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Dead Men Tell No Tales is a film that should’ve stayed at bay

After six years of Pirate-less Disney films, Dead Men Tell No Tales tries to bring the franchise back into the limelight with fresh faces, including Oscar-winner Javier Bardem.

Listen, I’ve given this series a rest after the second installment, Dead Man’s Chest. There seemed to be a cash-grab mentality for the films thereafter, and they weren’t even entertaining. I tried to get through At World’s End. I tried.

Directors Joachim Rønning and Espen Sandberg try to infuse life into the dead-in-the-water series, telling the tale of Henry Turner (Brenton Thwaites) and his quest to find Captain Jack Sparrow (Johnny Depp), who may hold the key to helping Turner free his father, Will (Orlando Bloom).

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Photo: Disney

Along the way, we’re introduced to the blue-eyed Carina Smyth (Kaya Scodelario), someone who’s labeled a witch and sent for execution. All three team up to find the one thing that can fend off their dead — literally — opposition: Poseidon’s trident.

There was hope for this film, especially with the undead Spanish Captain Salazar (Bardem). But the rare moments of fun are far and in-between in Dead Men Tell No Tales. This film flexes its large-budget muscles (estimated $230 million) with one of two exciting action set pieces early on: a relatively fun bank heist. Sparrow is reintroduced as a drunk, stumbling out of a vault full of money — oh, and he just shagged a British military man’s wife. So, nothing new here, it seemed.

Here’s the thing: Once you get past the loud explosions and CGI ship battles, this film reveals its thin script and story. Why should we care? Dead Men Tell No Tales never answers that question, but for two hours and nine minutes, we’re forced to follow a Sparrow-led crew that hardly connects with its audience.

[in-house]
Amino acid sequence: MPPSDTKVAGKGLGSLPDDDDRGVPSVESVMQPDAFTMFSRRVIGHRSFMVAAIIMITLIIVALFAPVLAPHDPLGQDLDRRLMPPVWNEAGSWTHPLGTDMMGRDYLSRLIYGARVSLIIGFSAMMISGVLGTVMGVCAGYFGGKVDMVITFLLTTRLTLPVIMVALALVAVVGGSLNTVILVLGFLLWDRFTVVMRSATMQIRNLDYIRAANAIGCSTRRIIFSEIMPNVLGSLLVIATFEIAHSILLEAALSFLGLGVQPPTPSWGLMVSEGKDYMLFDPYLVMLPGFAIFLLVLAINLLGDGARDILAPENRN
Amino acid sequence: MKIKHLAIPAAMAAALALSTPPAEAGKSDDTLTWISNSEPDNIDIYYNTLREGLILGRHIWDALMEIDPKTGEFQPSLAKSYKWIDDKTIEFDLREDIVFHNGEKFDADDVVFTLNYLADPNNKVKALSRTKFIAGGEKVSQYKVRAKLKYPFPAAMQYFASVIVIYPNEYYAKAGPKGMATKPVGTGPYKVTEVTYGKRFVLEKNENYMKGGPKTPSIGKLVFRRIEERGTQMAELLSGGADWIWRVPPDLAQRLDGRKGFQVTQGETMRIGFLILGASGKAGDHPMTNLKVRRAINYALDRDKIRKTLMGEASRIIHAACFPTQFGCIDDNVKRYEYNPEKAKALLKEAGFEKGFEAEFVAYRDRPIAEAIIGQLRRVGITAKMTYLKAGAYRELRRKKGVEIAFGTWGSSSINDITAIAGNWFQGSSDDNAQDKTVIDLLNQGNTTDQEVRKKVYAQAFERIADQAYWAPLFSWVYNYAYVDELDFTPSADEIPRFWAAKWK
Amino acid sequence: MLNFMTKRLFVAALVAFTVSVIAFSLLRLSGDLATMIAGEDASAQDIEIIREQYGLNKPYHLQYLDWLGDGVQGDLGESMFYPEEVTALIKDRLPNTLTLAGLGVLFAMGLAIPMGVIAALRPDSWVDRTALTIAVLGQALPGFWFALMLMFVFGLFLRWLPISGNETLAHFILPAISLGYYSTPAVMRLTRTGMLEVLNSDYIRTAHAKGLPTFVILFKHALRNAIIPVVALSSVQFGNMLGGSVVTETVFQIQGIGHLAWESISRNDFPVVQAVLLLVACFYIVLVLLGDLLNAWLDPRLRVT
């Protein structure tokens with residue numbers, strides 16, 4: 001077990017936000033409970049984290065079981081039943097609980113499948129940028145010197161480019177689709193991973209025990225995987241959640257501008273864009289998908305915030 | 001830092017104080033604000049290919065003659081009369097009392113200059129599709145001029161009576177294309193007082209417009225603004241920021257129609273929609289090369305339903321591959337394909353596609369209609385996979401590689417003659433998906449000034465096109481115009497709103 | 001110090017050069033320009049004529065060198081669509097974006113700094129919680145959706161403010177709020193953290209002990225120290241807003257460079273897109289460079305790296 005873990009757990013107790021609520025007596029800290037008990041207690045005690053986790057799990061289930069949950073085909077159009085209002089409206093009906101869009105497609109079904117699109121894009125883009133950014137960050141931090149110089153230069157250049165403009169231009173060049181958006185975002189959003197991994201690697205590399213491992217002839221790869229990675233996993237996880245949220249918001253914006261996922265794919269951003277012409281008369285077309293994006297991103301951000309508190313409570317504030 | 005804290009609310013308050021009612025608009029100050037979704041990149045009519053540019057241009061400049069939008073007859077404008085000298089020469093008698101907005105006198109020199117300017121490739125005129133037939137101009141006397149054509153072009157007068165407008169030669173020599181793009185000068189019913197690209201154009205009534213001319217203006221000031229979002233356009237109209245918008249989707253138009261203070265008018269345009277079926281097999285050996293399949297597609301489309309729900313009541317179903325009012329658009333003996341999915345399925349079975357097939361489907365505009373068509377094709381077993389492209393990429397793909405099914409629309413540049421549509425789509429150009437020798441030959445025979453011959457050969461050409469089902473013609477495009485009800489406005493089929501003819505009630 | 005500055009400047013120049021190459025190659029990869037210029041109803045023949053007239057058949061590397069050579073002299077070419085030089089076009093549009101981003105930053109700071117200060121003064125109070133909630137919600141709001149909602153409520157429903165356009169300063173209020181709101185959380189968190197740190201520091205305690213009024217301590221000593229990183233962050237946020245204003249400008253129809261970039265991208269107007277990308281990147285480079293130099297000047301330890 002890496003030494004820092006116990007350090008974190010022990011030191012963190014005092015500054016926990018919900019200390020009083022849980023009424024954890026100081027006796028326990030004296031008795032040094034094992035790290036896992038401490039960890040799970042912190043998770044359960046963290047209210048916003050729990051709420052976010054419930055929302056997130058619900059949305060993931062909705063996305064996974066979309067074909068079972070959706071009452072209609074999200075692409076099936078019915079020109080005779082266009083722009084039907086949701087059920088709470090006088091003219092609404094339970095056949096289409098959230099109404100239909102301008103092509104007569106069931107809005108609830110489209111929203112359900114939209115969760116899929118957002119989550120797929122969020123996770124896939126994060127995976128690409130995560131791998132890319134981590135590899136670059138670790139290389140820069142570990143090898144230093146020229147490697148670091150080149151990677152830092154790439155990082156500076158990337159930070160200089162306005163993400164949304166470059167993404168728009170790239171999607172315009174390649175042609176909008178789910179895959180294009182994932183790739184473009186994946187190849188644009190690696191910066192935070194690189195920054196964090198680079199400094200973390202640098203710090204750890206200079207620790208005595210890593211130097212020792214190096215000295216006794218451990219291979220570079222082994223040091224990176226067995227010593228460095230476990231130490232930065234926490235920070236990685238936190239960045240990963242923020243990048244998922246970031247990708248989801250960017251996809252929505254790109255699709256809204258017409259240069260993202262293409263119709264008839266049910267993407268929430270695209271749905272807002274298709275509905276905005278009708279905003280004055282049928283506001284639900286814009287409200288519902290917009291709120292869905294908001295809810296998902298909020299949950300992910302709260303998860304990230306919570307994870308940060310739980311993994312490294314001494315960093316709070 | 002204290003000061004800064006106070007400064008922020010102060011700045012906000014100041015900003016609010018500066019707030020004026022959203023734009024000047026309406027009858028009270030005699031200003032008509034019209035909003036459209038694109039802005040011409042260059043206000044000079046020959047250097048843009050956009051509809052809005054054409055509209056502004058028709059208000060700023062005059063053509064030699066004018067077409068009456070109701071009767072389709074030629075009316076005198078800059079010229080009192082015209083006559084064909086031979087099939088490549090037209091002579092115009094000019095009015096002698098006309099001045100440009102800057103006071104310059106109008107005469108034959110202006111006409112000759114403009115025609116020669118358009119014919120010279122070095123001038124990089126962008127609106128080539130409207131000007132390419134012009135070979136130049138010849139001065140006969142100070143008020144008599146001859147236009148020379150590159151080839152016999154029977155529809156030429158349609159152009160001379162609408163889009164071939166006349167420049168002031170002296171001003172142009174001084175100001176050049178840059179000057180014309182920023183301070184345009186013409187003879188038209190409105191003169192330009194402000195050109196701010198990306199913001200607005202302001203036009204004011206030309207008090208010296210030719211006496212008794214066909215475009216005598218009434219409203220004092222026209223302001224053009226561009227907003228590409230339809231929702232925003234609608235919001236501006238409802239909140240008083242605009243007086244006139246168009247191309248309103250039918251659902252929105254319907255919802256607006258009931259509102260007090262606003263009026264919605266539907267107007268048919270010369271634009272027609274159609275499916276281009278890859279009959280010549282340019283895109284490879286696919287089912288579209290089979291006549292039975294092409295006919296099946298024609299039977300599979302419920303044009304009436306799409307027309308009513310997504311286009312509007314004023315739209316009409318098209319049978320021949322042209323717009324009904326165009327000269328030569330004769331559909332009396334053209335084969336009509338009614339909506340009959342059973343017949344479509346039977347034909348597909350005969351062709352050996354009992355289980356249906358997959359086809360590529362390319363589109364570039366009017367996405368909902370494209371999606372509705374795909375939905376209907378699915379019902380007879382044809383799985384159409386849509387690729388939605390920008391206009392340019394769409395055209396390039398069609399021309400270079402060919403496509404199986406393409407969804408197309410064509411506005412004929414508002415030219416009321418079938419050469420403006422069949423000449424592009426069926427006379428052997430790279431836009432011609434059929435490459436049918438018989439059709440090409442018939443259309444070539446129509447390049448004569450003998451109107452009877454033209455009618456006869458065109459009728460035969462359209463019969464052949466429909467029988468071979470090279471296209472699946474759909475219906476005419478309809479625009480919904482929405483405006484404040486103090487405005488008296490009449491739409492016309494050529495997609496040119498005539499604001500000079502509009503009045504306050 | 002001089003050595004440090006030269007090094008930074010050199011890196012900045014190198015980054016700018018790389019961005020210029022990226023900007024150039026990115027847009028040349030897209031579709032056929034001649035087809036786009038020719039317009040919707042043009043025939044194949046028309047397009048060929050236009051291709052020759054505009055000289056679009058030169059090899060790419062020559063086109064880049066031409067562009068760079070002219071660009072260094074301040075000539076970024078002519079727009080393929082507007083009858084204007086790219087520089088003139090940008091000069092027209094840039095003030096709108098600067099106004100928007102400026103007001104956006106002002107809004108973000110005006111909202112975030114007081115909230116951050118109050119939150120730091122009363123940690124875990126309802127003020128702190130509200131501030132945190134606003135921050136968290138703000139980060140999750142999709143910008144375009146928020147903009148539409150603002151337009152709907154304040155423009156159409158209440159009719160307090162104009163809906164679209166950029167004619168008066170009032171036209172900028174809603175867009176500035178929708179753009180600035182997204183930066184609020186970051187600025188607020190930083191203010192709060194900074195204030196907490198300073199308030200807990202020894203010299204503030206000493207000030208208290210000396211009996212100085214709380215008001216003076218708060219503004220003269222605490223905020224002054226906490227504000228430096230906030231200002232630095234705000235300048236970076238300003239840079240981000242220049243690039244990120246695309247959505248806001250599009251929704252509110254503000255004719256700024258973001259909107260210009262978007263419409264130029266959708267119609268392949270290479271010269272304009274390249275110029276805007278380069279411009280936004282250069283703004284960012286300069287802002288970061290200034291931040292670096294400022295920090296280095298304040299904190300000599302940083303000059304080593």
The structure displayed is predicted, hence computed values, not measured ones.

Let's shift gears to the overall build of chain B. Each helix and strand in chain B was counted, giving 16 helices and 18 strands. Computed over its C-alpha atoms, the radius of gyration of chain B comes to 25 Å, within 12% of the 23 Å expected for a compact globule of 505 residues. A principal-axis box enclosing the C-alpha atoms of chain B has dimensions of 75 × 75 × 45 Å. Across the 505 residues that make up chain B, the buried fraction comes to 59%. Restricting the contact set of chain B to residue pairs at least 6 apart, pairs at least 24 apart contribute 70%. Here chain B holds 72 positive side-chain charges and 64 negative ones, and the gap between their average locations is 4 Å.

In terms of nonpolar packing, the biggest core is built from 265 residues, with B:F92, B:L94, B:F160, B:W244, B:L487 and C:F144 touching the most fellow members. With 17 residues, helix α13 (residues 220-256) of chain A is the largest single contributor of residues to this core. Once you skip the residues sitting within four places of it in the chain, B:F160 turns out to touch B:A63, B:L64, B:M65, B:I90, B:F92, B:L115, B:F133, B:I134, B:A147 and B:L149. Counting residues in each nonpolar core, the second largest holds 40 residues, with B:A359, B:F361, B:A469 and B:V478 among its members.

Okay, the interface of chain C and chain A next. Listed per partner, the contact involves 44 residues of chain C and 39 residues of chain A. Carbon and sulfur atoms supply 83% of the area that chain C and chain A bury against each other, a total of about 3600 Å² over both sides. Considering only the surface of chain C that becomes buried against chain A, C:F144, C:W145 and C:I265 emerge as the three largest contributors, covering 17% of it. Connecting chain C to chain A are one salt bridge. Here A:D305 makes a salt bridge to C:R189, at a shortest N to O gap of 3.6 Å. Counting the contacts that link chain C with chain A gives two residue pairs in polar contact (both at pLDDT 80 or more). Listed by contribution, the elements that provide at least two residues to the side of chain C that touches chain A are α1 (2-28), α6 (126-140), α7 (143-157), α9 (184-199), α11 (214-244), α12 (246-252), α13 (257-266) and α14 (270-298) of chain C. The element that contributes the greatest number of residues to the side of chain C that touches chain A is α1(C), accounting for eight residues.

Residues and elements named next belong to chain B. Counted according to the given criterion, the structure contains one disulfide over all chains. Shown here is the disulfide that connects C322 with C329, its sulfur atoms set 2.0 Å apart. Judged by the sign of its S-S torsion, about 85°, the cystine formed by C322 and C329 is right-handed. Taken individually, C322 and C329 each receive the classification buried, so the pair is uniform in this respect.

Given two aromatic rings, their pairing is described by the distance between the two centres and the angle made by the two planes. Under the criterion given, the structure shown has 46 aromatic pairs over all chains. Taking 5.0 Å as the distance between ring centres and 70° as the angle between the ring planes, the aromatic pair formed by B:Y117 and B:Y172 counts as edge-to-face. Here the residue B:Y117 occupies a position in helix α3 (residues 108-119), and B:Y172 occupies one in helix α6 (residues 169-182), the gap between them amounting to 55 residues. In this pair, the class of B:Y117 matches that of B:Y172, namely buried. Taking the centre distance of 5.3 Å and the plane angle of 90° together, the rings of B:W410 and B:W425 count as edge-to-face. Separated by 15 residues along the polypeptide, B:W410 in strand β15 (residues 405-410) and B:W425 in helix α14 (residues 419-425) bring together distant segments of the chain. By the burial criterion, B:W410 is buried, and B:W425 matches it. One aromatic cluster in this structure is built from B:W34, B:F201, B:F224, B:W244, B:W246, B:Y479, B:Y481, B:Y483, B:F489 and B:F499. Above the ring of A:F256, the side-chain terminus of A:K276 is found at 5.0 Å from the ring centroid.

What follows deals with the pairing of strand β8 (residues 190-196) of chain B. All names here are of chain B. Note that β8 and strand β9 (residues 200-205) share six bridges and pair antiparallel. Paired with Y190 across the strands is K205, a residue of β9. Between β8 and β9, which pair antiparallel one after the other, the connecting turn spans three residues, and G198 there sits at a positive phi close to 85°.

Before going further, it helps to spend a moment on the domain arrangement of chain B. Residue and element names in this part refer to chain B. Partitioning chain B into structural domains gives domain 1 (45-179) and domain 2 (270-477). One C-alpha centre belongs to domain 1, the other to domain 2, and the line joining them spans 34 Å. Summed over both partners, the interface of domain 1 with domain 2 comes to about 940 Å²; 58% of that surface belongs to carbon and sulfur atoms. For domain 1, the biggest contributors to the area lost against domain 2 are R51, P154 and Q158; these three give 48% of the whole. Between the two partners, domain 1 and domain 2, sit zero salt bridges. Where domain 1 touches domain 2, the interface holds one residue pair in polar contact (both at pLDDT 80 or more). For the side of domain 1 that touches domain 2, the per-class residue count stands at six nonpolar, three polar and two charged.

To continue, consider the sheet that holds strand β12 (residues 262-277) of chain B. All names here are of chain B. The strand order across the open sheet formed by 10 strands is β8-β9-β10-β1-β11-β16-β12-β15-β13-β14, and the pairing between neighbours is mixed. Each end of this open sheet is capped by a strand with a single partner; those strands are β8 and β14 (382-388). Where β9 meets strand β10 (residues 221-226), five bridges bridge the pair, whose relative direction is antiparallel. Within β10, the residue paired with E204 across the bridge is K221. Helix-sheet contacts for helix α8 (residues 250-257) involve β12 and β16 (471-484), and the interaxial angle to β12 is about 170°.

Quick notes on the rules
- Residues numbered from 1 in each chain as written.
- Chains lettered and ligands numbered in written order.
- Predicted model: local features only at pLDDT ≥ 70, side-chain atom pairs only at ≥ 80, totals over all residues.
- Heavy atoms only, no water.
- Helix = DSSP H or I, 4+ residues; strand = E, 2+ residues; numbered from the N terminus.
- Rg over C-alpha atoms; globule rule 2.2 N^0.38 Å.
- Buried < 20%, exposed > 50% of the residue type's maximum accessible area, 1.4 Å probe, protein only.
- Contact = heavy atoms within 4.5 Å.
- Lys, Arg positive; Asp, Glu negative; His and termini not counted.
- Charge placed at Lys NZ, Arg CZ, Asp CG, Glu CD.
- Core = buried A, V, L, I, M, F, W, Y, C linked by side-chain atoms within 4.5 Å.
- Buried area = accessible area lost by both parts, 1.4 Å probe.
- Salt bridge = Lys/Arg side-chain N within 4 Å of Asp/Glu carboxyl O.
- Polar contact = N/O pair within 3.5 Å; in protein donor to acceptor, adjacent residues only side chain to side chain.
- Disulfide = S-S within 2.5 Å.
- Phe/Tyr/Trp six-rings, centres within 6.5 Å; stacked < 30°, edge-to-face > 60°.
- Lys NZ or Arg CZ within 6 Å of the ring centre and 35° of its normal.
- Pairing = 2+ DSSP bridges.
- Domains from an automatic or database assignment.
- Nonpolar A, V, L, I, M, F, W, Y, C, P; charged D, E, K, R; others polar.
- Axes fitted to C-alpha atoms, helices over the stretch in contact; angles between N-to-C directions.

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Photo: Disney

However, I found myself chuckling at a few jokes and — uh, well, that may be the end of enjoyment in this one. Most of the gags were surprisingly full of sex and innuendos, which is a bit off the beaten path for Disney as of late (excluding the Marvel films). Even worse, they fell flat with the audience. For example: As Henry, Sparrow and Carina were on a small boat, Sparrow was encouraging Carina to continue stripping her clothing and Henry to shut up and watch. This was a weird joke that took me out of the movie, especially when you’re accustomed to seeing them work as a team by this point. And let’s not begin on the terrible “whore” gag nobody laughed at, which the film even tried to call back 30 minutes later.

The progression of events were predictable from start to finish, which isn’t always a negative unless they’re a drag. Surprise: Dead Men is a bore for most of the two hours. There’s hardly a connection with on-screen events, even when the film subjects the audience to last-minute flashbacks that try developing Salazar’s backstory.

Captain Hector Barbossa (Geoffrey Rush) was a welcoming addition towards the middle of the film, when the film otherwise began completely stalling. Rush and Bardem together made the most of their material, breathing life into a script, written by Jeff Nathanson, that proved weightless.

The cash-grab mentality surrounding the previous two films trickled into Dead Men Tell No Tales, and it’s a shame we’re wasting time debating whether the series should continue with a sixth installment (hint: a sixth has been announced).  The Pirates franchise has overstayed its welcome, and this film is only proof that Disney might not always care about quality over quantity.


I attended an early 3D IMAX screening thanks to Sly Fox and Disney. ❤
‘Dead Men Tell No Tales’ is rated PG-13, runs for 2 hours and 9 minutes and releases in North America on May 26, 2017.

3 thoughts on “Dead Men Tell No Tales is a film that should’ve stayed at bay

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